“Are we on schedule? Anything I can do to help” asked my husband (suddenly, and very uncharacteristically solicitous). Was he referring to the 20 pounds of foiled covered dishes that now needed heating, or the fact that I, still dressed in a sweat shirt and ripped jeans, looked like someone who had come to clean, not entertain?
           “Of course,” I said with forced graciousness that only a more sensitive person would have detected, “why don’t you take Barbara into the playroom and help the kids pick up the forty thousand Legos lying on the floor.  Ha ha.  Just kidding, why don’t you two have a drink in the living room, while I just tidy up around here.”
         “But the casserole….”
          “Don’t you worry about a thing,” I told her, relieved that we had a microwave big enough to accommodate large dishes, “ I’ll make sure it’s cooked just the way you want.”
            “Just as long as it doesn’t go in the microwave,” she cautioned me, her eyes wide with alarm.  Were those tinted contacts or did her eyes really match the blue of her outfit? I stashed the clunky casseroles on the counter, and the Gucci bag in the pantry where it would be safe from curious children, finished setting the table, unplugged the toilet, picked up the Legos and raced upstairs to find something clean and presentable to wear.   Barbara had upped the fashion ante, but was holding all the cards, so I settled for low couture from the House of Gap.
           When I got back to the kitchen my mother, was basting the bird.
           “Who is that very attractive young woman in the living room talking to your father? Have you ever seen such a beautiful complexion?  Do you suppose she listened to her mother and kept her hands off her face when she was a teenager?  Do you think that’s an Armani suit? What’s in those casserole dishes?”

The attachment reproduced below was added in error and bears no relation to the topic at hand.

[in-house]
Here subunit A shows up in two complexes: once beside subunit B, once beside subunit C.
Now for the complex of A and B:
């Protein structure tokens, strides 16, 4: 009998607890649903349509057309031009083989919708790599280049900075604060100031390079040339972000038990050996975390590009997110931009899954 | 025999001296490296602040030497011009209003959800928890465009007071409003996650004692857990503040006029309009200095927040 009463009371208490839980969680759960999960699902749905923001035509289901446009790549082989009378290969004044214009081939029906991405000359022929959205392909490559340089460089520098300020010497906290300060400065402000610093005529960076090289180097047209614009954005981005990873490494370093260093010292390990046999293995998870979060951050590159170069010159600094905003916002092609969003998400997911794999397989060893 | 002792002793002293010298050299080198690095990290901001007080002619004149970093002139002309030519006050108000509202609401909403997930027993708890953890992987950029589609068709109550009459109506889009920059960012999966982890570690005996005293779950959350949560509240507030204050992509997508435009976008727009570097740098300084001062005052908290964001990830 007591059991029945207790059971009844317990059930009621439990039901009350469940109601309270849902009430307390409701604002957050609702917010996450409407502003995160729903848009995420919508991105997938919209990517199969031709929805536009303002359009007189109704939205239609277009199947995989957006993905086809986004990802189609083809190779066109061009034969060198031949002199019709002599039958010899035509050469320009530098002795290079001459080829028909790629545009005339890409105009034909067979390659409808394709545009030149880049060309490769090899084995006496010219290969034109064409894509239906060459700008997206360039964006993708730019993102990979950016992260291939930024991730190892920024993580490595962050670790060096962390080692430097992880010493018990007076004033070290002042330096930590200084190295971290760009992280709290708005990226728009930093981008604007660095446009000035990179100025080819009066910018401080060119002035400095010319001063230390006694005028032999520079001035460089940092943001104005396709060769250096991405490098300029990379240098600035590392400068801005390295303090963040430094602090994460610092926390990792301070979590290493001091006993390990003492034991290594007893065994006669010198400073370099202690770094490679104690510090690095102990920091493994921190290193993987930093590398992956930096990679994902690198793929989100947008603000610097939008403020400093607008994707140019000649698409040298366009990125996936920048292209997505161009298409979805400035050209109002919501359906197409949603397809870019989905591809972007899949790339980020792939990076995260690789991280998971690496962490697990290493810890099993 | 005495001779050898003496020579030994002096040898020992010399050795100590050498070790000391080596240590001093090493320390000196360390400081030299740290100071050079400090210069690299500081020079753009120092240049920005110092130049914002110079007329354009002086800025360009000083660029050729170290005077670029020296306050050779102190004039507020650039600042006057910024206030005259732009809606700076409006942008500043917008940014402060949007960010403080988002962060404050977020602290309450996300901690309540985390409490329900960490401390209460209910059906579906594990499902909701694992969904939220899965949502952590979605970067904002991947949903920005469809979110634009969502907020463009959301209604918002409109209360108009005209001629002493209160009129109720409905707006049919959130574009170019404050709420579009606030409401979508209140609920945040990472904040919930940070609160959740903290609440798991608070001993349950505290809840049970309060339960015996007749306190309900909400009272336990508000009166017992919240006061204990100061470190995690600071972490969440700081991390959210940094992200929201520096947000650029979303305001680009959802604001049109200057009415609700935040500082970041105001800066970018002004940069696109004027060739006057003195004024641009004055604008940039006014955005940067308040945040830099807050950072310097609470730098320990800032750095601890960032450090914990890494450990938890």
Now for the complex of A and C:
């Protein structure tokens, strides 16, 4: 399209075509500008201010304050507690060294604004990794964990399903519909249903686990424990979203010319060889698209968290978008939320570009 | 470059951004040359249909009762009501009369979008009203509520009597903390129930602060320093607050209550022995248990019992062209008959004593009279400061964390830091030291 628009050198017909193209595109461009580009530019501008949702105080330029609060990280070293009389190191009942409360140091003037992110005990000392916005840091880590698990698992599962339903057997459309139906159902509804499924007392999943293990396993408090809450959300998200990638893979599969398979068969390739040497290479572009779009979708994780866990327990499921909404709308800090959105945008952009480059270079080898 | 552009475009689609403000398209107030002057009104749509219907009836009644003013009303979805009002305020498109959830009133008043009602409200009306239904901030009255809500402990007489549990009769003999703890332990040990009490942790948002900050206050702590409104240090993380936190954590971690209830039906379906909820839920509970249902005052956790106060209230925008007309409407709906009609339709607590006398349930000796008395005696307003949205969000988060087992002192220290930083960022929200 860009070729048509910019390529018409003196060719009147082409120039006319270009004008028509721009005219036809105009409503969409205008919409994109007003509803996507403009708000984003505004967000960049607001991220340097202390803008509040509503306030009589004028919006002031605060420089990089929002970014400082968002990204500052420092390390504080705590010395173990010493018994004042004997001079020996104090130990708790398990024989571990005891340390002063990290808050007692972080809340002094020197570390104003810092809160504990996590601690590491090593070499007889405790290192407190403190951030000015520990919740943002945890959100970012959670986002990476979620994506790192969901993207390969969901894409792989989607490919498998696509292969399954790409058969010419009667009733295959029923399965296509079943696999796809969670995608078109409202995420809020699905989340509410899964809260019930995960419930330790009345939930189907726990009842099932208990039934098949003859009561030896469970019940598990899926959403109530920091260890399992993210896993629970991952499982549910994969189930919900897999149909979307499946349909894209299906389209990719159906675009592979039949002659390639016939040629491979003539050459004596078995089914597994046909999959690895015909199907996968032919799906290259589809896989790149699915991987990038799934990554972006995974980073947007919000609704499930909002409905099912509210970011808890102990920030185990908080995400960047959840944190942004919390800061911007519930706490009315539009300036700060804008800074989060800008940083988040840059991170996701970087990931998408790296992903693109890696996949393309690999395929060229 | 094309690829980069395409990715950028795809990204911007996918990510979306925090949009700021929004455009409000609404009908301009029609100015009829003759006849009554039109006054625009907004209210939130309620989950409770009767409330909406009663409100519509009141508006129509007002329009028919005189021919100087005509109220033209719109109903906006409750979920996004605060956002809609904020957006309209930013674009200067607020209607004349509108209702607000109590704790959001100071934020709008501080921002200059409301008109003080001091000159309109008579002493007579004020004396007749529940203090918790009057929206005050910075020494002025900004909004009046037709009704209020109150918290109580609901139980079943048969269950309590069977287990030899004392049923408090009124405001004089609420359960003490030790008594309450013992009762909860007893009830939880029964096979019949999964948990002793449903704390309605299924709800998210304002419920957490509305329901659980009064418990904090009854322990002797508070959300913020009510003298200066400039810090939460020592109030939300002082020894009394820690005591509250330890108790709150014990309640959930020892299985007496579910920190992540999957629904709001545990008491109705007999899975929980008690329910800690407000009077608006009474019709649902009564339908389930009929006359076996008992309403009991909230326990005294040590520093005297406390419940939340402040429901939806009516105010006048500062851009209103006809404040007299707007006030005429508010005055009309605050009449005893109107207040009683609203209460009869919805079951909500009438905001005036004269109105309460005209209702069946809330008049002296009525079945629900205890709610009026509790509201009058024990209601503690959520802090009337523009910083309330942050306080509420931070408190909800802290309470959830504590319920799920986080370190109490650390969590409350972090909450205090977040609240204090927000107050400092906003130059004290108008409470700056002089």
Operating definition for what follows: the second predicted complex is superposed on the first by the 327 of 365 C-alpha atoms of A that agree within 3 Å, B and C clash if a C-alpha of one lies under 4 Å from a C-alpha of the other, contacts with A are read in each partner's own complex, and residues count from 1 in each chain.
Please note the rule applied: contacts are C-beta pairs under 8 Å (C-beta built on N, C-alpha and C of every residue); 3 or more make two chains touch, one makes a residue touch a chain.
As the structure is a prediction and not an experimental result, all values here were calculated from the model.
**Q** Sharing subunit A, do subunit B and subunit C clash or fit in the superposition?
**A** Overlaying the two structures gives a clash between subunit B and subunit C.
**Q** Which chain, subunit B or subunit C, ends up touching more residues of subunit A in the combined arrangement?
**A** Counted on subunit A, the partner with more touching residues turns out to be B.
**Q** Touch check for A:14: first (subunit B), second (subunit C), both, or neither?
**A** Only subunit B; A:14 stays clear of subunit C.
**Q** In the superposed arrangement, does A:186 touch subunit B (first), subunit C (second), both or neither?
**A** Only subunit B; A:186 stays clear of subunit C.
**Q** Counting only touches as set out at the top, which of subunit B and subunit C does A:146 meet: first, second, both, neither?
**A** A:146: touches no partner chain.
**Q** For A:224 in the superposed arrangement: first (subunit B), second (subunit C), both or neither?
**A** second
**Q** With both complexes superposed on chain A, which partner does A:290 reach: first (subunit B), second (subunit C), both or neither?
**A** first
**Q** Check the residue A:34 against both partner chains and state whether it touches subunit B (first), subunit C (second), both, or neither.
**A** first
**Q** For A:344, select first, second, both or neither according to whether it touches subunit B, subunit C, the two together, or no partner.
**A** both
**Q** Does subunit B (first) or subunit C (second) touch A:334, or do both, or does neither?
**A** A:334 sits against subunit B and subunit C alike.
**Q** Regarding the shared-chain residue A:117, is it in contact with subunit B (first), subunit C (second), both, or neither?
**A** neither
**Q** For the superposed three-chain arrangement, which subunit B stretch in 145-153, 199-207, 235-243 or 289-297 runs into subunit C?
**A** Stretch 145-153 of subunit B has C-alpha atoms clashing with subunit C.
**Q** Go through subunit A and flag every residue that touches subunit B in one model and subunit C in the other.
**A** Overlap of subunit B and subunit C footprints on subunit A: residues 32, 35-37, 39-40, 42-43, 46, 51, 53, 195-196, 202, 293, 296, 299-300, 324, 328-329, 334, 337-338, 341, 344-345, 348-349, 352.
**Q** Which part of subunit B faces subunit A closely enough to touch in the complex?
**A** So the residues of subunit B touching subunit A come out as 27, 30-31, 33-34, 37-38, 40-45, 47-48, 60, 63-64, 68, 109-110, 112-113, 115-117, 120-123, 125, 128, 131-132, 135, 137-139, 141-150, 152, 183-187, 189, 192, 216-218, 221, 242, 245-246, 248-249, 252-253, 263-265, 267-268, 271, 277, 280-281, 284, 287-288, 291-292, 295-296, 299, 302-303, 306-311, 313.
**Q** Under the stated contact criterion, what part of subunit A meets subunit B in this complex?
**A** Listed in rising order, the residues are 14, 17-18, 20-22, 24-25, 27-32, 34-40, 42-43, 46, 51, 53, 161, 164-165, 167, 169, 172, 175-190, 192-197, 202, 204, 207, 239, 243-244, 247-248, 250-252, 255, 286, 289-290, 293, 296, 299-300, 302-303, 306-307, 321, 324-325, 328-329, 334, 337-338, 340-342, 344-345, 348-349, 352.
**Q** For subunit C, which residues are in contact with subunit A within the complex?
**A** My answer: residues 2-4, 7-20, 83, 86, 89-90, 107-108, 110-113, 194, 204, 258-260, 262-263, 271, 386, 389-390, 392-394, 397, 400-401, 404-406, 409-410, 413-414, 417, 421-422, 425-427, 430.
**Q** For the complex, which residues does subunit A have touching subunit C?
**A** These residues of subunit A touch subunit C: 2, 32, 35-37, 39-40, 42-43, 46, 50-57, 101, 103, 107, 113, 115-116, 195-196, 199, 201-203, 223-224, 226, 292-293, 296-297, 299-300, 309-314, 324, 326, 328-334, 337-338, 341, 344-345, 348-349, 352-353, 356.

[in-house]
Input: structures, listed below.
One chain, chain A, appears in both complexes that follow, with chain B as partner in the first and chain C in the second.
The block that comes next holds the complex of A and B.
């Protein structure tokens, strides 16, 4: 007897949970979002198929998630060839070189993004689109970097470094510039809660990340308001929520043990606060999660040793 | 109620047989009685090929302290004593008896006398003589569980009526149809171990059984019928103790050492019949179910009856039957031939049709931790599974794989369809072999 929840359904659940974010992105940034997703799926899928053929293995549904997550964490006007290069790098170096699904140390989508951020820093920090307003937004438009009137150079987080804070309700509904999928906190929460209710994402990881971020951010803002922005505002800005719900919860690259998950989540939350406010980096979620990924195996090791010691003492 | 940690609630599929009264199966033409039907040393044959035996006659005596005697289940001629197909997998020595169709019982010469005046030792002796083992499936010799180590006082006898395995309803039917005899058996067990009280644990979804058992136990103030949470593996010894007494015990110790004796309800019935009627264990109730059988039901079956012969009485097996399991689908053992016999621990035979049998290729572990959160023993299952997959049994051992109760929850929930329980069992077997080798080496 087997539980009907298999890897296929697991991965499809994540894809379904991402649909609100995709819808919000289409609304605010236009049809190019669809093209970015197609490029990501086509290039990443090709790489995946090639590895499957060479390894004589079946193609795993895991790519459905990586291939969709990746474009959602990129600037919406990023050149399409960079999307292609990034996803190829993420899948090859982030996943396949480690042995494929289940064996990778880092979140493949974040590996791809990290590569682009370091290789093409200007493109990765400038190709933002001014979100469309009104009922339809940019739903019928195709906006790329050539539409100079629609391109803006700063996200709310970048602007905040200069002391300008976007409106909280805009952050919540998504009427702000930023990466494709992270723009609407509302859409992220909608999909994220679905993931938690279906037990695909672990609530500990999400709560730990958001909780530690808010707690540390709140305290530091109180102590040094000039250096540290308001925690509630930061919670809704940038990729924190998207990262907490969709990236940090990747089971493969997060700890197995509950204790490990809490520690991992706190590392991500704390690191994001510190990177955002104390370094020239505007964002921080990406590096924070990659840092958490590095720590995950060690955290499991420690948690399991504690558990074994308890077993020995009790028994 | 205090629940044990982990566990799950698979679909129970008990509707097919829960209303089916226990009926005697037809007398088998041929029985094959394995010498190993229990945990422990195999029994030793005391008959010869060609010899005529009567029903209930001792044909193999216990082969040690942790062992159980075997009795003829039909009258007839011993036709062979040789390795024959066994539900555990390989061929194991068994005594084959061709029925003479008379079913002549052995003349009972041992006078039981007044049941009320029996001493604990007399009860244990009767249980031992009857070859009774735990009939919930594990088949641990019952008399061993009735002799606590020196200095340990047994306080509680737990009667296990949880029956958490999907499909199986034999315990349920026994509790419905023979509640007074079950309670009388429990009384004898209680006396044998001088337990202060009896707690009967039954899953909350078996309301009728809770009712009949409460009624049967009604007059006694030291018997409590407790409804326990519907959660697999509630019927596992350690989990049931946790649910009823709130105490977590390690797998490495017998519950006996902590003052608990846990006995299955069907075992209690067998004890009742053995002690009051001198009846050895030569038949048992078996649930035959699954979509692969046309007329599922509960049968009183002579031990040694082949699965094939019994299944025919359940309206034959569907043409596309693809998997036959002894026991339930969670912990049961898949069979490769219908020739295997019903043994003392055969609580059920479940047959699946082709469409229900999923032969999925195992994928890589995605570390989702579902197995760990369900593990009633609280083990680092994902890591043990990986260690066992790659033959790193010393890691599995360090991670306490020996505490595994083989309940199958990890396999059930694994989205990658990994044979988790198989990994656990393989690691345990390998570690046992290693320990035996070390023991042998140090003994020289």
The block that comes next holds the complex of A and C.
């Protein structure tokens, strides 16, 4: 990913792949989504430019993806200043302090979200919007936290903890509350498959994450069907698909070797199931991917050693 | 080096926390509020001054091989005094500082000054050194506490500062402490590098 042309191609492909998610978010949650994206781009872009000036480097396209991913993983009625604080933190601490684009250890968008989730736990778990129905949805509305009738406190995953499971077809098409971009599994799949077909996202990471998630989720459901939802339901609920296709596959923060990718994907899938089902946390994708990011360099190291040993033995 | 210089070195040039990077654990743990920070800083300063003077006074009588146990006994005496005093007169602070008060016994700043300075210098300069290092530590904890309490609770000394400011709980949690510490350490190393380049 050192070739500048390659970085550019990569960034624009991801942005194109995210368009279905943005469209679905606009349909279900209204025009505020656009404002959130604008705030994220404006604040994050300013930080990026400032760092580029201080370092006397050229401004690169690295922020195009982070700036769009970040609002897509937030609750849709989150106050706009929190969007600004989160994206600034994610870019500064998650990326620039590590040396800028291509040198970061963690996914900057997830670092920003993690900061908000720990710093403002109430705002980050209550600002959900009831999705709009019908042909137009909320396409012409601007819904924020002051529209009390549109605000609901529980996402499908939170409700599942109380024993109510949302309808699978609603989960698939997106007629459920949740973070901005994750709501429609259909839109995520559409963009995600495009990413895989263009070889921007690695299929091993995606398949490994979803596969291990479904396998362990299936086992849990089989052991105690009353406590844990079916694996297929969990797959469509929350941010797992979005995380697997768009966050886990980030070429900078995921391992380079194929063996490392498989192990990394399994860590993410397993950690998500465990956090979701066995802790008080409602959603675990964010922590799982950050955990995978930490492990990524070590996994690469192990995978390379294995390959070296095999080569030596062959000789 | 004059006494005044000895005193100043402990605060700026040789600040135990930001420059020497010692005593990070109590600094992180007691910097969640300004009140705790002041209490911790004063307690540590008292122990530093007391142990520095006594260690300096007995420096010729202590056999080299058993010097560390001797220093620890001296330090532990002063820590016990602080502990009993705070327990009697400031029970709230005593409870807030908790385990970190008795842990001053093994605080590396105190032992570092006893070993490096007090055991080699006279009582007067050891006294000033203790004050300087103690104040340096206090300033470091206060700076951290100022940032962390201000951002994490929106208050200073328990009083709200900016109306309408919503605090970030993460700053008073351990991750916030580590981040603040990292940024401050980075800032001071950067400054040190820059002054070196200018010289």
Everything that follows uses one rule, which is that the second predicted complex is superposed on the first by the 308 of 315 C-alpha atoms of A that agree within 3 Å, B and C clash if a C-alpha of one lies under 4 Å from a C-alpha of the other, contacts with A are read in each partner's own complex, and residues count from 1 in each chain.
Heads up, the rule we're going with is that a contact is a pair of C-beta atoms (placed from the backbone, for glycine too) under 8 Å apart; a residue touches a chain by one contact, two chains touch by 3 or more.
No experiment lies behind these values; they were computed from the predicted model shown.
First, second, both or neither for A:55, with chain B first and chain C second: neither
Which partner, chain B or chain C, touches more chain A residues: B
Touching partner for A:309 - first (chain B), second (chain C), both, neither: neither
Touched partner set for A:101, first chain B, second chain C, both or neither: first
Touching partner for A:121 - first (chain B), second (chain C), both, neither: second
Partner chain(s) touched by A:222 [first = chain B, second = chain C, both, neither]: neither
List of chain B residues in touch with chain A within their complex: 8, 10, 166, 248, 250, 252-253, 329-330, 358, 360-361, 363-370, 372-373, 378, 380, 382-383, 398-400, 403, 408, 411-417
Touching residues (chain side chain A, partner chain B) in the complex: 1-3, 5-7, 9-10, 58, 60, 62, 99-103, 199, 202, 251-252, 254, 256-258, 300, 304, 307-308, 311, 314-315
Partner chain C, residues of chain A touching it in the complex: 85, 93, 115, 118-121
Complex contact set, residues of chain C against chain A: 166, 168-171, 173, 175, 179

Only the last question was worthy of a reply, but I didn’t have to bother; my mother was already lifting a corner of the foil.
          “Oh my God!  She peeled the whole thing back.  Who brought this?”
          “The woman who kept her hands off her face.”  I moved in for a closer look.
 Bits of what might have once been a green vegetable were mired in a gooey swamp of beige sludge.
           “This has a name?”
          “Don’t be snide.  It’s Green Bean Casserole,” pronounced my mother, in a reverential tone.  It was one of the very first things I learned to make as a young bride.  I think the recipe was on the back of the Campbell’s Cream of Mushroom soup.”
         So much for secret family recipes.
        “Where are the cans of fried onion rings?”  My mother looked around the kitchen.  “It’s the essential ingredient, surely she couldn’t have forgotten them.”
         I shrugged.  Maybe this meant we didn’t have to serve this atrocity.
          “Maybe you have some in the pantry…” She was off before I could tell her that along with snake meat and chewing tobacco, canned onion rings would be on the  list of foodstuffs absent from my pantry.
           “Oh, here they are!” She emerged, brandishing the Gucci bag.  “What cute packaging.”
           “There’s enough here to serve fifty people,” I protested, as my mother slid all four dishes into the oven.  “Everything else is going to get cold.”
           No one complained that the rest of the food was lukewarm. Our friends, relatives, and the designated ‘widow and orphan’ moved through the buffet line oohing and over every dish.  I noticed there was a logjam at the ‘vegetable’ station and smirked, assuming people were carefully carving out tiny helpings while making a show of eager anticipation.   Having tasted a spoonful, I imagined someone with a palate stuck in the fifties might wax nostalgic, but my family with their predilection for fresh vegetables, homemade cream of mushroom soup in which mushroom, not salt, was the flavor would surely turn up their noses.
            “Mom, do we have more of that stuff?” asked Max, pointing to the empty casserole.  People are wanting seconds.”  Back in the kitchen I counted three empty casseroles, while at the dinner table I saw Barbara, seated next to and in animated conversation with my eighty-year-old father.  Was it his hearing impairment that made it necessary for her to lean so close, or something else?   Here was a man with a full head of hair, entertaining stories to tell, and an ego that relished attention. My mother at the far end of the table, blissfully (or tragically?) unaware, was spooning up another forkful of Green Bean Casserole.  A cautionary tale was in her immediate future.